Guitar man

It’s rare to find a restaurant that doesn’t have a television, or 10 televisions, blaring sports or news programs. People seem more interested in watching than listening, so from a business standpoint, banks of televisions make perfect sense.

But in food services, as in all things, there are still a few that buck a trend. One is a sandwich spot we hit from time to time. Around lunchtime, for as long as I can remember, a thin, graying guitarist sits in a corner singing his heart out while flipping the hand-written pages of his songbook.

Over the years, I’ve noticed that “(Sitting On) The Dock of The Bay” is a favorite. Same with Beatles tunes and Eric Clapton. These are songs radio people call “classic rock” at the moment but likely soon will be known as golden oldies.

It’s not my job to pass judgment on this guy’s talent, but one day while chomping through my sandwich and listening to his version of Dylan’s “All Along The Watchtower,” I wondered what kind of person spends his lunch hour entertaining disinterested people who, as far as I can tell, would be just as happy watching television.

So I asked.

“Sometimes, there’s very little engagement,” says Bill Martin, 65, who retired after 23 years with Dallas Parks and Recreation striping softball and soccer fields in our neighborhoods.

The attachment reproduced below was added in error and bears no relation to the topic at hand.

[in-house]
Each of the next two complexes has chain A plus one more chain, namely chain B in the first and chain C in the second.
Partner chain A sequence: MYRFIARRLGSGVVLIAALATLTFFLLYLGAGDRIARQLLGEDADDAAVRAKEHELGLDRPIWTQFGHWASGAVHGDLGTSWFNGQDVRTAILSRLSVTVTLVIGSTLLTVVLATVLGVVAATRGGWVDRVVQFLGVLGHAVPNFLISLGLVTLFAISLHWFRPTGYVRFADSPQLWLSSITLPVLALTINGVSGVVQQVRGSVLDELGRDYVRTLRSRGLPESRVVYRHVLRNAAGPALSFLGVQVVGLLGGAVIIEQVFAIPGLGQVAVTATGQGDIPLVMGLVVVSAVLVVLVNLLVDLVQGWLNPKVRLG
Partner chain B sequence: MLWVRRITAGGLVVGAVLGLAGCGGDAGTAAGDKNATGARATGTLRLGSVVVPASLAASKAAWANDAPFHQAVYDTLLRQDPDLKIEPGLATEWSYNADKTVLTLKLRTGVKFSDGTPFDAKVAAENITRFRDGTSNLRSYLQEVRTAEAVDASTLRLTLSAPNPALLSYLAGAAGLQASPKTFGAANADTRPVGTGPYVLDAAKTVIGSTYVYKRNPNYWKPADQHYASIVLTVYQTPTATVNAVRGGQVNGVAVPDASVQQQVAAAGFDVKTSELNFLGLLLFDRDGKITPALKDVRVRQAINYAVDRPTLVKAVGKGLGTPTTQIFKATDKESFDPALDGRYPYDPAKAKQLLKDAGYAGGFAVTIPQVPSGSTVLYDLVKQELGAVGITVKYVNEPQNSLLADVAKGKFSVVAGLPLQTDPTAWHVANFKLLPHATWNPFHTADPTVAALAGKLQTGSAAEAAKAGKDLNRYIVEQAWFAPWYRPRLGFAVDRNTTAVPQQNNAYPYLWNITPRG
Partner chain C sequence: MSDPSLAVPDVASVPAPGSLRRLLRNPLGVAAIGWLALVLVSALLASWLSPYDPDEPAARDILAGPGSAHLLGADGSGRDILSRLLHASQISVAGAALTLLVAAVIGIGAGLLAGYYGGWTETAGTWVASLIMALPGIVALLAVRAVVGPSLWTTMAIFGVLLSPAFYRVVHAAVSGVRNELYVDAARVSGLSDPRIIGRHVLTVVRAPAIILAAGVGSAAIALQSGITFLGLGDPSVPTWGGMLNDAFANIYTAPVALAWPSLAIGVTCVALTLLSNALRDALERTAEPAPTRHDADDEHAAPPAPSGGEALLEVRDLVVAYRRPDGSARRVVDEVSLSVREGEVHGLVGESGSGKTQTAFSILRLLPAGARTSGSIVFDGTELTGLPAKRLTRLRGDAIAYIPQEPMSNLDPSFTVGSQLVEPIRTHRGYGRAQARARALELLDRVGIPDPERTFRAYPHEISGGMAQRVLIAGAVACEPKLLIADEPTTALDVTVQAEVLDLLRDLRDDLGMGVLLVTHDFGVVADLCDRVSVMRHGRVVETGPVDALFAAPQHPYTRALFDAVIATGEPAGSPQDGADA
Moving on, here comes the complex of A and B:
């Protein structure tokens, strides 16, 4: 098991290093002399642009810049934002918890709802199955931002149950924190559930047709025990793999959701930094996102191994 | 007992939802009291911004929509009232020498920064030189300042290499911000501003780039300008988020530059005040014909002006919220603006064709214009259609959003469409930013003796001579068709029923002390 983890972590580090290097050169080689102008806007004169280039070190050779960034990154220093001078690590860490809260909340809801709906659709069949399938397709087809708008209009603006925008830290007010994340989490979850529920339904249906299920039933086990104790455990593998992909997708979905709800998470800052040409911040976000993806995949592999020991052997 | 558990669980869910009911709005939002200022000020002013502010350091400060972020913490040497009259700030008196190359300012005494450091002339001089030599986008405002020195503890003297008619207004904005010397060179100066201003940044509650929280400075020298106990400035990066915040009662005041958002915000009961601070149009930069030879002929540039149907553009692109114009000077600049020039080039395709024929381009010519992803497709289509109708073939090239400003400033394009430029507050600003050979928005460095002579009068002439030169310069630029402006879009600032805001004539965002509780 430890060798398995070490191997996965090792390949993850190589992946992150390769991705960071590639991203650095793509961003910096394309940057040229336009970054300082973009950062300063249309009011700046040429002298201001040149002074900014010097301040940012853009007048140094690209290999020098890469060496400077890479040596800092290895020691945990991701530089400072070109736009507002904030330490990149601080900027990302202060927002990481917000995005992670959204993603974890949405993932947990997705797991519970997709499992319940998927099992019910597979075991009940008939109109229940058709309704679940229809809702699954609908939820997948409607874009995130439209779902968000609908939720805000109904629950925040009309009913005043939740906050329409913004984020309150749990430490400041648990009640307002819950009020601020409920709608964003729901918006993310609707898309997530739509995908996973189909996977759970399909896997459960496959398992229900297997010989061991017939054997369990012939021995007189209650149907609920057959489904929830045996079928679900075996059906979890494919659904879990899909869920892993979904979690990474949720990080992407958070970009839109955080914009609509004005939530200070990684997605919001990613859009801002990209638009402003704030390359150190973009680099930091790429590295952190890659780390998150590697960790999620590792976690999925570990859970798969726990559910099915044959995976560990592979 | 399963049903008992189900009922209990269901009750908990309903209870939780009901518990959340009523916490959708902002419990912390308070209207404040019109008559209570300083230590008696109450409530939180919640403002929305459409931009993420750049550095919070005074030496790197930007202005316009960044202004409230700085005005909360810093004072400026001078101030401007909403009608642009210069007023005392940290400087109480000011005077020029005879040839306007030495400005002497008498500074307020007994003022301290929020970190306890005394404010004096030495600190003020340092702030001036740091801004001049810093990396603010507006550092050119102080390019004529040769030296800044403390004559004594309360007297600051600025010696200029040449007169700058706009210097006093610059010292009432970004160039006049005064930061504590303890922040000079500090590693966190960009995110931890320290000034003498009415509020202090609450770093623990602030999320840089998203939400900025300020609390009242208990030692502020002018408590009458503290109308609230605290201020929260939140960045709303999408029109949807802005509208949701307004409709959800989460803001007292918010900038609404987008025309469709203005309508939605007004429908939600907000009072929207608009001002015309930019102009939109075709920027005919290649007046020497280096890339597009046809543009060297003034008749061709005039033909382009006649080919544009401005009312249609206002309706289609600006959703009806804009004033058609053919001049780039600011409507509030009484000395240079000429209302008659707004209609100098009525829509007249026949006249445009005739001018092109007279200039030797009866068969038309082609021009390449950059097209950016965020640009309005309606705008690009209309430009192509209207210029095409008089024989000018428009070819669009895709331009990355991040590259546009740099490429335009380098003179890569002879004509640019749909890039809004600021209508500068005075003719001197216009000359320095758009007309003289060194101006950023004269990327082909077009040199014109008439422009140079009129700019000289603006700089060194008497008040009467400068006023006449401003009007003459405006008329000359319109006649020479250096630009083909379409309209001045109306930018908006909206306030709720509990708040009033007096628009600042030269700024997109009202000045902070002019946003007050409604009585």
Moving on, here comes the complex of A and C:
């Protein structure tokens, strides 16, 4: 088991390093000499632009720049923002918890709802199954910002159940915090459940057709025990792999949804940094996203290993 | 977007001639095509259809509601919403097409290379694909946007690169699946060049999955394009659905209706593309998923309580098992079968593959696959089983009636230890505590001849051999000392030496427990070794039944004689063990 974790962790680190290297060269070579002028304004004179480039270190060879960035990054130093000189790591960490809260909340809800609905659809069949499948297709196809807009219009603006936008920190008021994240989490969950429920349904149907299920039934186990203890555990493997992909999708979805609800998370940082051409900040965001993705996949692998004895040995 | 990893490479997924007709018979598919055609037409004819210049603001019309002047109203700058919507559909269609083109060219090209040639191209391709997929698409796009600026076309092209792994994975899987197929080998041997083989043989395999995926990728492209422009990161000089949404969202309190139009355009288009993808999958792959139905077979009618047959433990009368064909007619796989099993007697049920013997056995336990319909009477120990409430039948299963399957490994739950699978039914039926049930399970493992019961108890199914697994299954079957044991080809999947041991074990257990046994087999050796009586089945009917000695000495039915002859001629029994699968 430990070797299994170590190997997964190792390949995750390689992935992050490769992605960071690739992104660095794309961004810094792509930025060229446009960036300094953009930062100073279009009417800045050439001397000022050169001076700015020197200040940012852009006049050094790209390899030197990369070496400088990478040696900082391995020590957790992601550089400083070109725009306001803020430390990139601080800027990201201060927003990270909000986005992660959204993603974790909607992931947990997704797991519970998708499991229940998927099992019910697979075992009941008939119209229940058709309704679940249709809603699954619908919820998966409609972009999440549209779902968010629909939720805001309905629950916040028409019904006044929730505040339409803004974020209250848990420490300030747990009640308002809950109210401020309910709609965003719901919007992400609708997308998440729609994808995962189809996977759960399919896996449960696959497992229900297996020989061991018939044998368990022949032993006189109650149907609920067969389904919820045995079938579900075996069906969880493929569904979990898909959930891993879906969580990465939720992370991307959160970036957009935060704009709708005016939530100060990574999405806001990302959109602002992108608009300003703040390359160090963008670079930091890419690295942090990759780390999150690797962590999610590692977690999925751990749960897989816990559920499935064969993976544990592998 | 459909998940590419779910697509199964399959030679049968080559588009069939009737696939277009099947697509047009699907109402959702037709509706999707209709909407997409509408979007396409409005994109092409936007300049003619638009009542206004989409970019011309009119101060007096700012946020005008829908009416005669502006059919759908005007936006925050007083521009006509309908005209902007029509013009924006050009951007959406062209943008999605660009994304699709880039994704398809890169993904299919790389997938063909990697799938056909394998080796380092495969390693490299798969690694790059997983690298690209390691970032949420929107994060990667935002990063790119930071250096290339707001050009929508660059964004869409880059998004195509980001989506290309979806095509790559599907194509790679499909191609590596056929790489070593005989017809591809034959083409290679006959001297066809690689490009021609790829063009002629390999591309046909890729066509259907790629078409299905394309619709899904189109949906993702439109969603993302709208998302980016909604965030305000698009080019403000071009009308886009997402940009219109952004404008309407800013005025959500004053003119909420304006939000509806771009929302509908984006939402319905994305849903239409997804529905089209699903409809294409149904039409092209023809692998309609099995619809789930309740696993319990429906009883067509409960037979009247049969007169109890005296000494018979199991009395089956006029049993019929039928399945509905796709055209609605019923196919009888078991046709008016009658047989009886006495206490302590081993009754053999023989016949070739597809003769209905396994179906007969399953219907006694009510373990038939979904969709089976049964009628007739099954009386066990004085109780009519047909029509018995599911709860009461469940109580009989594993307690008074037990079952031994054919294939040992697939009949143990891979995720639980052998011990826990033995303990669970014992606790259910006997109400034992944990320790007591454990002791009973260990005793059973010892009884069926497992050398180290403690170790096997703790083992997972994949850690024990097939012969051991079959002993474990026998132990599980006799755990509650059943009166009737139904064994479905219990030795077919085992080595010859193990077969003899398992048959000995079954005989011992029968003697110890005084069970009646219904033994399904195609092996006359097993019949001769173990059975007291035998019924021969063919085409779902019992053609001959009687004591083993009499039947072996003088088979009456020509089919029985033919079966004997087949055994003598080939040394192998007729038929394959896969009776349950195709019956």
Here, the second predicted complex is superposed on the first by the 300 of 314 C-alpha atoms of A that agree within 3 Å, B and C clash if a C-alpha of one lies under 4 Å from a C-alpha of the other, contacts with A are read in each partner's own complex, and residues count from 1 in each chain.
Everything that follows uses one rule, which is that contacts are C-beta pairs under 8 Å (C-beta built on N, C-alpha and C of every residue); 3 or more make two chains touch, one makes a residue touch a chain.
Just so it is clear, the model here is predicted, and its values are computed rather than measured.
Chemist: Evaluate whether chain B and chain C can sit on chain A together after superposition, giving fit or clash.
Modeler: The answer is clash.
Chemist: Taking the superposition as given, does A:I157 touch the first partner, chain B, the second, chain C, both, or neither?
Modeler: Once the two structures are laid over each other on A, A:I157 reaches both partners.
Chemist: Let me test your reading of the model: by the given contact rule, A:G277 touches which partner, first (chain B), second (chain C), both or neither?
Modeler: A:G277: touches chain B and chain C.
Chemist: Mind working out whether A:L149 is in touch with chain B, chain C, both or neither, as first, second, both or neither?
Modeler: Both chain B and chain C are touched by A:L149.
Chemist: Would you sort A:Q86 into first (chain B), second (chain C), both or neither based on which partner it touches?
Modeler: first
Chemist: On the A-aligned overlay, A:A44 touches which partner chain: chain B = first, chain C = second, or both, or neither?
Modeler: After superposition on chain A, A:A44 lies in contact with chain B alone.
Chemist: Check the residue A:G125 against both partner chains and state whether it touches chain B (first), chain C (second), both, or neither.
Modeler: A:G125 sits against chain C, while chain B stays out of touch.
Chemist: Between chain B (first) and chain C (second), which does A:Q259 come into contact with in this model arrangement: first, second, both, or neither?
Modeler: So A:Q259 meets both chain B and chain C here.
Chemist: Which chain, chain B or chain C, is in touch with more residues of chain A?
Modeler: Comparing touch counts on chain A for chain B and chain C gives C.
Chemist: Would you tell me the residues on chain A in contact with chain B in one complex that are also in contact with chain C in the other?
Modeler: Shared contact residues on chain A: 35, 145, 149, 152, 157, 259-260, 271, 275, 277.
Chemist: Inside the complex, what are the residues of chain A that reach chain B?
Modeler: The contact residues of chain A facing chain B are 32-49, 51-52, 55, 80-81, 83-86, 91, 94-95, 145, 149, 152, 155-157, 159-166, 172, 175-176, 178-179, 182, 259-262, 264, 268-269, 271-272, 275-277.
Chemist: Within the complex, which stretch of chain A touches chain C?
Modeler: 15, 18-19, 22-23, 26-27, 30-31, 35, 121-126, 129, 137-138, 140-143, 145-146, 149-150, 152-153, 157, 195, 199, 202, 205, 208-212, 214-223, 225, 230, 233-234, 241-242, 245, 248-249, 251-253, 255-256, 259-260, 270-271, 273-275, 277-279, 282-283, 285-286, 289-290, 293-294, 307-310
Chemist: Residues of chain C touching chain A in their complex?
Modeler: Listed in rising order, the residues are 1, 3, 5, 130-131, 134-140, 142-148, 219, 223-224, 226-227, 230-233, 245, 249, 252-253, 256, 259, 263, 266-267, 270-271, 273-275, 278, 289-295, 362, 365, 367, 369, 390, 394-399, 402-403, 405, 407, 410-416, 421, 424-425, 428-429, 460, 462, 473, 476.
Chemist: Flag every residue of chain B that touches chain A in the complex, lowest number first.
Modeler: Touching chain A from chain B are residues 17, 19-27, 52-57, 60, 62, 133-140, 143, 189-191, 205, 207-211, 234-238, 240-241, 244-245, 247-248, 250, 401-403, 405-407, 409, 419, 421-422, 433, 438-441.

“I’m there, but I’m not really there. I guess I like that, because I get a little nervous when people are paying attention to me.

“I’m content to be the background ambience. I’m happy to do my craft in obscurity.”

Martin’s story sounds like most of ours, although he is a little shy about telling it. His life has been eventful if not particularly newsworthy.

He grew up in Colorado, bounced among a bunch of colleges without bagging a degree, somewhere along the line meeting and marrying a woman he describes as the love of his life.

Marriage didn’t stop his self-described drifting and pot-smoking, and he wound up divorced. So he prayed for help to quit pot, received it, and then remarried his former wife, had a couple of sons, took a job with the city and made it a career.

These days, he and a few buddies play together as the Purple Martins, but you’ll have to look pretty hard to find their music. You can check out William Dale Martin on Reverb Nation. Click on his acoustic version of “Fish Out of Water.”

“I sound pretty good on that one,” he says.

And here’s where he sounds like the rest of us.

“I’m so grateful, after all these years of mistakes and bad decisions, that I’ve been able to make a few good decisions and reap the benefits. The fact that Melissa and I are still together and happy is good enough for me.”

He probably won’t be a big star, it turns out, just a small light on a smaller stage in a sandwich shop, sometimes earning the attention of otherwise-distracted diners willing to be entertained by a guy enjoying life with a guitar and a harmonica.